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Deworming at this strategic time will have the most impact by decreasing the number of eggs and larvae on the pasture and, as a result, worms in the animal.

Strategic deworming calls for a basic understanding of the life-cycle of parasites that normally infect the animal and an awareness of when they are present in the highest numbers on pasture. Grazing animals are exposed to parasite larva on a daily basis via the grass they consume.

Most parasites have the same basic life-cycle; however, they do not all appear at the same time of year, and weather can play a major role in the number of larva that are able to survive and infect the animal.

Warm wet weather, for example, is an ideal condition for parasites on pasture, while dry, hot weather is not.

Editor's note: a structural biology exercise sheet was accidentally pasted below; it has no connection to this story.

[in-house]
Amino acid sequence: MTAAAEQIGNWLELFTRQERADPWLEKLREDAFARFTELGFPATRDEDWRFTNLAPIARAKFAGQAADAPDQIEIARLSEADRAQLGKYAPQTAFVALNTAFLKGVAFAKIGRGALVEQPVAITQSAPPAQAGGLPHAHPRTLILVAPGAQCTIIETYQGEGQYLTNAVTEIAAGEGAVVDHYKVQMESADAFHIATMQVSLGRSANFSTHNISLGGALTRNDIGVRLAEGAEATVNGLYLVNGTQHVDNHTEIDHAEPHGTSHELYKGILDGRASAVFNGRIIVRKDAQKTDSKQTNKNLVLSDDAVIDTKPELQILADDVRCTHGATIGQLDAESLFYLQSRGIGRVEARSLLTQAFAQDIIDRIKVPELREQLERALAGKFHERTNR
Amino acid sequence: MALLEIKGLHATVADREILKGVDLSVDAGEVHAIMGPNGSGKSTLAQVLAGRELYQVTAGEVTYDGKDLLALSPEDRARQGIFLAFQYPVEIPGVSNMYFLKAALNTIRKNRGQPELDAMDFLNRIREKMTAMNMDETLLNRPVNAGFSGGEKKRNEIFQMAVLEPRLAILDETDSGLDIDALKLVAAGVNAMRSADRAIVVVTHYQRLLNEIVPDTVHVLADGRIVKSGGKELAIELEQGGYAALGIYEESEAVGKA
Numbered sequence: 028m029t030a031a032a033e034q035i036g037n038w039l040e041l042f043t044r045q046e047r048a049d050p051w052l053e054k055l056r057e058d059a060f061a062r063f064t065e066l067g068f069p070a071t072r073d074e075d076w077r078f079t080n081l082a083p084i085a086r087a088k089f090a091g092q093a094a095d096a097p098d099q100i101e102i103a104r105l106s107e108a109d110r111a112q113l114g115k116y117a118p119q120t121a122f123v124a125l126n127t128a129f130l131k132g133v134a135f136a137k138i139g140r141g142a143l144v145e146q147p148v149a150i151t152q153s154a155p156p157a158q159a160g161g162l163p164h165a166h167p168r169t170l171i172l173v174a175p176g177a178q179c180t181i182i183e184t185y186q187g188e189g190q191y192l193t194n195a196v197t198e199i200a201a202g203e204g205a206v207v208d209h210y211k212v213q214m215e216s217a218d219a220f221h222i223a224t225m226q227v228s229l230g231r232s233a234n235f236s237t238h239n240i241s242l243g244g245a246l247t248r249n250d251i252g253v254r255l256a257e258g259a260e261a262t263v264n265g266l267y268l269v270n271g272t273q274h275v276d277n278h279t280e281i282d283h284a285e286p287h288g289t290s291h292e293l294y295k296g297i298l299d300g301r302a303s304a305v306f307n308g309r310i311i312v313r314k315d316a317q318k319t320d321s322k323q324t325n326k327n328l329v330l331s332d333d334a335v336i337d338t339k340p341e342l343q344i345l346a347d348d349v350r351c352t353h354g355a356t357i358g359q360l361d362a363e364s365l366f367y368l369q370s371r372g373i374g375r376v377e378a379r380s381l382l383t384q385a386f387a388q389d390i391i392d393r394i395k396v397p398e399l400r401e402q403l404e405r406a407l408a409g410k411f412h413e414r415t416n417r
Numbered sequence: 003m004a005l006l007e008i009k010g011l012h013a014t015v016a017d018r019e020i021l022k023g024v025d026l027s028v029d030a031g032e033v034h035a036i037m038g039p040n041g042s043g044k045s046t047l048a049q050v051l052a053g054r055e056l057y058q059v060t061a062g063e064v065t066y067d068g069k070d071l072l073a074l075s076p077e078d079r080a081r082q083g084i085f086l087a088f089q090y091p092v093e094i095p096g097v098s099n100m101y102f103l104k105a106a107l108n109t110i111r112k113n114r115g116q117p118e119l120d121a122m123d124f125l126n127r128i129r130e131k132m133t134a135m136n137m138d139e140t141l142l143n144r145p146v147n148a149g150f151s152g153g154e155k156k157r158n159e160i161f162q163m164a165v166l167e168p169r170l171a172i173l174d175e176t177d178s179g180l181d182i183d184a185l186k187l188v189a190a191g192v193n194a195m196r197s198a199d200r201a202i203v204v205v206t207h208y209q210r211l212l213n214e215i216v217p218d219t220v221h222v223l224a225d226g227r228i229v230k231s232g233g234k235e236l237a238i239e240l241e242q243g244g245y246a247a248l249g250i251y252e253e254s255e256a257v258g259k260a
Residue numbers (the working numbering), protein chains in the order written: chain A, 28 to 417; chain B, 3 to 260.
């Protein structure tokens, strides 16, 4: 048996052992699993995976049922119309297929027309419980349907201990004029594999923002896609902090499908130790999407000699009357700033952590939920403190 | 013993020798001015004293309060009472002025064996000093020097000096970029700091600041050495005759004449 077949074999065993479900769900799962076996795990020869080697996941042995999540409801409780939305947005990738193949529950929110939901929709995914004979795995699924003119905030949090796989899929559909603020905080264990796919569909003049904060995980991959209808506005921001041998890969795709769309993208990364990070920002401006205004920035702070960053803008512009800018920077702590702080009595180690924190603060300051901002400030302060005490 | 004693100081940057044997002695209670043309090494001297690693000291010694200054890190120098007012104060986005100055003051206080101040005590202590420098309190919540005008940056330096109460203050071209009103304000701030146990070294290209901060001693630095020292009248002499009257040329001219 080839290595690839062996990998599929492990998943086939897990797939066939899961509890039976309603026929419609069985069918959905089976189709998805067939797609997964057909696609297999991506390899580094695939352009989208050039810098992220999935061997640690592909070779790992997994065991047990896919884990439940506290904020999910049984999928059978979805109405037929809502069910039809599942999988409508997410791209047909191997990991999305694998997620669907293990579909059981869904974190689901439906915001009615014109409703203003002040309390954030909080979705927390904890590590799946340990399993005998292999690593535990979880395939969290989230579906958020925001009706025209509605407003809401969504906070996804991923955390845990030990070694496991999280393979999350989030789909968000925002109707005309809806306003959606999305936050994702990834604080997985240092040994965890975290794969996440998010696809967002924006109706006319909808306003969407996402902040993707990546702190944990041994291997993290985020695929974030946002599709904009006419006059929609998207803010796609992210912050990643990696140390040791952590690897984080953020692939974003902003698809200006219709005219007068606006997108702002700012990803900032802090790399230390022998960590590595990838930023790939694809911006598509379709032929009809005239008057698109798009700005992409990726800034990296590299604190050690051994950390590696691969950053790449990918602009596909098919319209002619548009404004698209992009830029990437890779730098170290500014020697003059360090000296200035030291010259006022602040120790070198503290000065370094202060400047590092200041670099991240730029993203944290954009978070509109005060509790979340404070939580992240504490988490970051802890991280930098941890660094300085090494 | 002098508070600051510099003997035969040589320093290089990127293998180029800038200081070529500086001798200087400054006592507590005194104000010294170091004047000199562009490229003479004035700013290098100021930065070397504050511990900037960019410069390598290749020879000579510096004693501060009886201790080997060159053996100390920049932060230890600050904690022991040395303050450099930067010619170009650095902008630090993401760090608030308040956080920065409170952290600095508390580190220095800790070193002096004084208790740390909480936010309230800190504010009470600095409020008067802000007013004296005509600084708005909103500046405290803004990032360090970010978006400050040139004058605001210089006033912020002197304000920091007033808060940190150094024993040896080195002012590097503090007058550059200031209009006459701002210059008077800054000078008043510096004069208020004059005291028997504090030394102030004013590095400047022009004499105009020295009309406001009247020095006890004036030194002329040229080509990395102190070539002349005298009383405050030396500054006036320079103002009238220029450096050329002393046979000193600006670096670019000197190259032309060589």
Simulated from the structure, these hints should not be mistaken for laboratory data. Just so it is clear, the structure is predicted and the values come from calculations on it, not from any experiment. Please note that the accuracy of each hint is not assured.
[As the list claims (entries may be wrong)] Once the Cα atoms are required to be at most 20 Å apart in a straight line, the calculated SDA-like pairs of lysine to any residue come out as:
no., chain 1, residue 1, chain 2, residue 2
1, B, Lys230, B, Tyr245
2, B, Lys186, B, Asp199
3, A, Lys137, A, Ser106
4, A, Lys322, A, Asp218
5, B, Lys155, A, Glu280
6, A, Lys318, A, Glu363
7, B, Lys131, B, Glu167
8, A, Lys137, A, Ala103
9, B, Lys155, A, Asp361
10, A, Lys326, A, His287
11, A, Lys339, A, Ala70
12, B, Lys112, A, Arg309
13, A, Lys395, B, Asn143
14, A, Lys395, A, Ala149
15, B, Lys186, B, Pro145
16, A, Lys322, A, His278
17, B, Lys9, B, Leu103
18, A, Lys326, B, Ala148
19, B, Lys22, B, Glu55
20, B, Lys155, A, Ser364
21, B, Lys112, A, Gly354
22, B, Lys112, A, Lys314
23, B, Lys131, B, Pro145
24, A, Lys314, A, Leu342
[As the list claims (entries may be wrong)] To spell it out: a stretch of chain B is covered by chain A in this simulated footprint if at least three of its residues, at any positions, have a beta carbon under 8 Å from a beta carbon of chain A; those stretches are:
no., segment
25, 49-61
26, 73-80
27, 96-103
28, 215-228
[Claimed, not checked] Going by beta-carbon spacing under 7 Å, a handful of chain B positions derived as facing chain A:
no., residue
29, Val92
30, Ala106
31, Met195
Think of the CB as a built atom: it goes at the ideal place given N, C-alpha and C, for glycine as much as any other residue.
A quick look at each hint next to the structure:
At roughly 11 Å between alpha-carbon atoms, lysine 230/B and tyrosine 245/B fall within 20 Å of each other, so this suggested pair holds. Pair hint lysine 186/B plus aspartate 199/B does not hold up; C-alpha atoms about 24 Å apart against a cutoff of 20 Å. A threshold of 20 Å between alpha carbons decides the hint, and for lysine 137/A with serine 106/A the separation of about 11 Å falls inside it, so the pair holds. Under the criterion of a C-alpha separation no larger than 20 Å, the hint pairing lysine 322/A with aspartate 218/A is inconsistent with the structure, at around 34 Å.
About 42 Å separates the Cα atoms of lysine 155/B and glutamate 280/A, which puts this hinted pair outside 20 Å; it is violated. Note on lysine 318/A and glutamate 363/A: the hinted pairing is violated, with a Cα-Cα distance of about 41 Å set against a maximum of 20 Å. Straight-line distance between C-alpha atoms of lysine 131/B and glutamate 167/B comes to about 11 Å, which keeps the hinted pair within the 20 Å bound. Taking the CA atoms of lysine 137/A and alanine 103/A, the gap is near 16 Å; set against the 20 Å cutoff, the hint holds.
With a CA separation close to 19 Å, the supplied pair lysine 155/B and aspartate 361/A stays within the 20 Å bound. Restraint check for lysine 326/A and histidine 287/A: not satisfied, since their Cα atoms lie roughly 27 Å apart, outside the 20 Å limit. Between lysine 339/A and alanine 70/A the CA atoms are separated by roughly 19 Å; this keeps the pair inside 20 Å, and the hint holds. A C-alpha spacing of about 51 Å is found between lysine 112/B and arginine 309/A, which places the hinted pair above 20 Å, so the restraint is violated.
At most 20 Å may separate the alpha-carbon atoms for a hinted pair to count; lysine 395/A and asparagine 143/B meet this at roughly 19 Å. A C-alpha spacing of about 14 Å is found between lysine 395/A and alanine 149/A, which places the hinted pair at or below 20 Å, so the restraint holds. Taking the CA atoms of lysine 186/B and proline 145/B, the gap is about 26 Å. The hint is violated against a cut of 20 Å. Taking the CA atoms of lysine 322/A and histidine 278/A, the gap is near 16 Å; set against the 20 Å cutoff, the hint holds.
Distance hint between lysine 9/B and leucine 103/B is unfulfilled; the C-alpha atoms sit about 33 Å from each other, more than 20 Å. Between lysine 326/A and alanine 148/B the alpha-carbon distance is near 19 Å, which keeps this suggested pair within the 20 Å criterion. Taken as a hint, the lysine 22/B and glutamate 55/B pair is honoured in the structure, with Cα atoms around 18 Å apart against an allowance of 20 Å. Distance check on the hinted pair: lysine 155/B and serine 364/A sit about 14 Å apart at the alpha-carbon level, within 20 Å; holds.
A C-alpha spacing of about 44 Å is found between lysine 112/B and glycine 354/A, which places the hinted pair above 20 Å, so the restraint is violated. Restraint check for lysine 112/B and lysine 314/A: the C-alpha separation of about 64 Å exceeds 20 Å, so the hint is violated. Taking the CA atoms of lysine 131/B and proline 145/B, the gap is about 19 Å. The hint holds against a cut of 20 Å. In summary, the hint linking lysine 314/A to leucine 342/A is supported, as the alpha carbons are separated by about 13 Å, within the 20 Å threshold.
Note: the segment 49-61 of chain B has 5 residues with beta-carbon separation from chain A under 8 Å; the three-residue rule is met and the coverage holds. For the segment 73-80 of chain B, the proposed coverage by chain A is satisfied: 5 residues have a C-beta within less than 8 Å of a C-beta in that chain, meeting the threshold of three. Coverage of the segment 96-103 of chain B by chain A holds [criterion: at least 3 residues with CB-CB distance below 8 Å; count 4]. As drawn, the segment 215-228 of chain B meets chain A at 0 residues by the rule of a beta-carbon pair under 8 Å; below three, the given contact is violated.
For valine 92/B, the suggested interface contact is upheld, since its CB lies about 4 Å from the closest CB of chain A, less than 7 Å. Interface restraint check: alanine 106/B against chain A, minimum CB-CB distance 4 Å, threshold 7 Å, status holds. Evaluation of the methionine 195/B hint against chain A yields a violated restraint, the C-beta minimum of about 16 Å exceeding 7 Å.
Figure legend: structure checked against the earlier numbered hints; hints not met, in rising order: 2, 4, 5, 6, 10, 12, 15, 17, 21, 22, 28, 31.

These conditions make designing a blanket strategic deworming program to fit every producer impossible. Therefore, dairy producers should consult with their veterinarian or a parasitologist to help design a strategic deworming program for their operation.

Those variables aside, a basic strategic deworming program for the dairy producer may resemble the following:

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  • Deworm grazing calves and replacement heifers at turnout, usually about 6 to 8 weeks after grass greens up in the spring.
  • Deworm again at days 28 and 56 following turnout.